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Five performance insights

Five performance insights


Performance marketing's an intricate channel to those on the outside looking in. There are few resources aimed at anybody new looking to gain basic knowledge on the concept - the yearly a4uexpo London conference is one of those few resources.

The event’s Knowledge Zone provided an intimate environment to not only discuss some key topics currently occurring in the industry, but also give those new to performance marketing a basic grounding. It proved popular, often so popular that attendees clamoured at the rear of the Zone to hear the information being bestowed on the seated audience in front of them.

Mark Haviland, Managing Director at Rakuten LinkShare, helmed a session titled, ‘Advertiser and Publisher 101: 10 Insights’. He used performance as the base for an interesting presentation that was perfect for any rookies who were new to the space. If you missed it, here are our top five takeaways from Haviland’s session.

Marketing’s complex

An obvious statement, but one that should be ignored by performance marketers at their peril. Haviland specifically alluded to the complexity of the UK. He believed the sovereign state to be one of the most elaborate marketing environments on the planet.

One slide displayed figures taken from a November 2011 SkyID report that showed 50% of advertisers use seven or more channels. Finding like this have caused a rethink into how marketing departments operate. Many are now split into so-called ‘silos’ that are responsible for a single consumer engagement channel.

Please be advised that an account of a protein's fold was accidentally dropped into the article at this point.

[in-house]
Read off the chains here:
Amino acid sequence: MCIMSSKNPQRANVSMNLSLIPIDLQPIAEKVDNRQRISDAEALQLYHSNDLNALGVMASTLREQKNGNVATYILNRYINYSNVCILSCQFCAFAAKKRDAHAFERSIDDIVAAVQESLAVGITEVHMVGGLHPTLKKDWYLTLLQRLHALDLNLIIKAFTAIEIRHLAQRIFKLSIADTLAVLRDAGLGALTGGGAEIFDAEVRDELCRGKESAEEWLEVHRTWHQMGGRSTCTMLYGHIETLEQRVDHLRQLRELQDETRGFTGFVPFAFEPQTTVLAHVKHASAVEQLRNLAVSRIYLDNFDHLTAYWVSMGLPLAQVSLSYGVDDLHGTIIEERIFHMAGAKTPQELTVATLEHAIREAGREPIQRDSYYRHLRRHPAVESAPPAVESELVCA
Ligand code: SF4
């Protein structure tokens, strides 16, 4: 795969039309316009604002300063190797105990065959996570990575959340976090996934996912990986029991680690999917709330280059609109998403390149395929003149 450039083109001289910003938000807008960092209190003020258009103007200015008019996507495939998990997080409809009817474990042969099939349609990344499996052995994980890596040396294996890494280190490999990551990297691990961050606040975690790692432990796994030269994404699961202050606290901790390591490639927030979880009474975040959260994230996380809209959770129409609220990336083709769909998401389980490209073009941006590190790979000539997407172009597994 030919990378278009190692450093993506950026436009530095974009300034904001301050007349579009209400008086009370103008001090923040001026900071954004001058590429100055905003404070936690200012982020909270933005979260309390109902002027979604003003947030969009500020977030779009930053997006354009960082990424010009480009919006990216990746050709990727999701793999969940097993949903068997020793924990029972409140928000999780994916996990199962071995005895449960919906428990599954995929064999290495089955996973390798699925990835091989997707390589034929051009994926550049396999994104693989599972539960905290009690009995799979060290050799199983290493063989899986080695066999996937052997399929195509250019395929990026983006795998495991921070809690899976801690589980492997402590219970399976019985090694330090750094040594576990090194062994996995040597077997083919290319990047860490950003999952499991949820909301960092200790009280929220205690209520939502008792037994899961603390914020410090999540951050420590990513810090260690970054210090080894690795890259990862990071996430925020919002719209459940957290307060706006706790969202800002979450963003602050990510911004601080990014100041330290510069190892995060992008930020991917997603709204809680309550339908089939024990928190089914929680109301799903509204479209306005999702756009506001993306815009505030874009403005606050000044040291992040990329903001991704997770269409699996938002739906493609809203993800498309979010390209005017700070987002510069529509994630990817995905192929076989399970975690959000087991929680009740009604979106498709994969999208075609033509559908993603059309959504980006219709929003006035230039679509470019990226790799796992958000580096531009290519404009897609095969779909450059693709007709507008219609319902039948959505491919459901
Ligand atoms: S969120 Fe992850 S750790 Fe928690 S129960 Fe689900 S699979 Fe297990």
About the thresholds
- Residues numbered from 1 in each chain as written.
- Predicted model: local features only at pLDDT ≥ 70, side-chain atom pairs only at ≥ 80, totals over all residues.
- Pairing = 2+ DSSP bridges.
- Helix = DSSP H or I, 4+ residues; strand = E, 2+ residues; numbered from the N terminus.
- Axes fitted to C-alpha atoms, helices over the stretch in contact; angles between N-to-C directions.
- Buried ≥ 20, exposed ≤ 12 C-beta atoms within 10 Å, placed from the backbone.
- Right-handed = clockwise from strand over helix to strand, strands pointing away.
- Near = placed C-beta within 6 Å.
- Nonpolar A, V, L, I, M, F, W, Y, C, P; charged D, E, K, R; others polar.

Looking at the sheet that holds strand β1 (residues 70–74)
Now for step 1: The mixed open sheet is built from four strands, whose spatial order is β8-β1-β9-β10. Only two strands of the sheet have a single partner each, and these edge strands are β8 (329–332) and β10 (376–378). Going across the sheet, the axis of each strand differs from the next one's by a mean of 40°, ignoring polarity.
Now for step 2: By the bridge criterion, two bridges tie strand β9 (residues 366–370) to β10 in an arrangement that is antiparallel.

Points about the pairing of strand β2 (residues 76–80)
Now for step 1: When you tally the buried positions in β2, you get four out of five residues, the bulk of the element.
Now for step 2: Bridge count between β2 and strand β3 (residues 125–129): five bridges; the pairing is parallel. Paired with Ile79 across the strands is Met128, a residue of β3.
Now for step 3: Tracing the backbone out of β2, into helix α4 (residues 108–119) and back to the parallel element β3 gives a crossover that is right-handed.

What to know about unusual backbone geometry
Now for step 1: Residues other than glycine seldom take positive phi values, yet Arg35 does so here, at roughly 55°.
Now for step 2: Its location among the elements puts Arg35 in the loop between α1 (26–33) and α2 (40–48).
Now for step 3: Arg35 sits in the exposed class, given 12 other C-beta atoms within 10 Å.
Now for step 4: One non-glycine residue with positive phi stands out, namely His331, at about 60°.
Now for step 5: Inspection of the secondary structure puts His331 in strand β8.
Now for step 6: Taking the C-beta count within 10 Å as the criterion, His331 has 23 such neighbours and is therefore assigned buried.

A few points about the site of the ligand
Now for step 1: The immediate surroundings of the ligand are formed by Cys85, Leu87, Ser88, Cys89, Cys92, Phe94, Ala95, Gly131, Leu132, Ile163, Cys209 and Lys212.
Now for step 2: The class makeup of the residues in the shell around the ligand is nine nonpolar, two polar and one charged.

Display landscape

There aren’t many channels that provide clearer evidence to complexity than that of display advertising. The sheer volume of companies involved in the marketing subsection can be incredibly overwhelming at times as shown by the image above.

Consumers are complex too

A4u recently touched on consumer rationality as part of its coverage of Dr Mike Baxter’s keynote at a4uexpo London’s. When it comes to purchasing Joe consumer can bring about many a headache to even the most seasoned marketer.

Consumers aren’t only pigeonholed into the gender category. There are other aspects to their background that demand much consideration when tailoring campaigns including race, culture, religon, language, nationality, politics and socio-economic whereabouts.

We’re not going to go into detail on UK immigration policies on these pages – that’s best left to the broadsheets. It is worth noting, however, that much of the various complexities in the UK’s marketing landscape could be blamed on the ease with which people move across the country’s borders. Such policies have both positives, thanks to the mix of talent entering the country, and negatives in just how complex it is now for marketers to target consumers.

Emergence of internationality

The European Union is doing its level best to erode the borders of its member states, a fact that major hardware manufacturers are trying to ignore when launching products. For example, Amazon’s Kindle Fire was launched in the UK almost a year after it started shipping in the USA.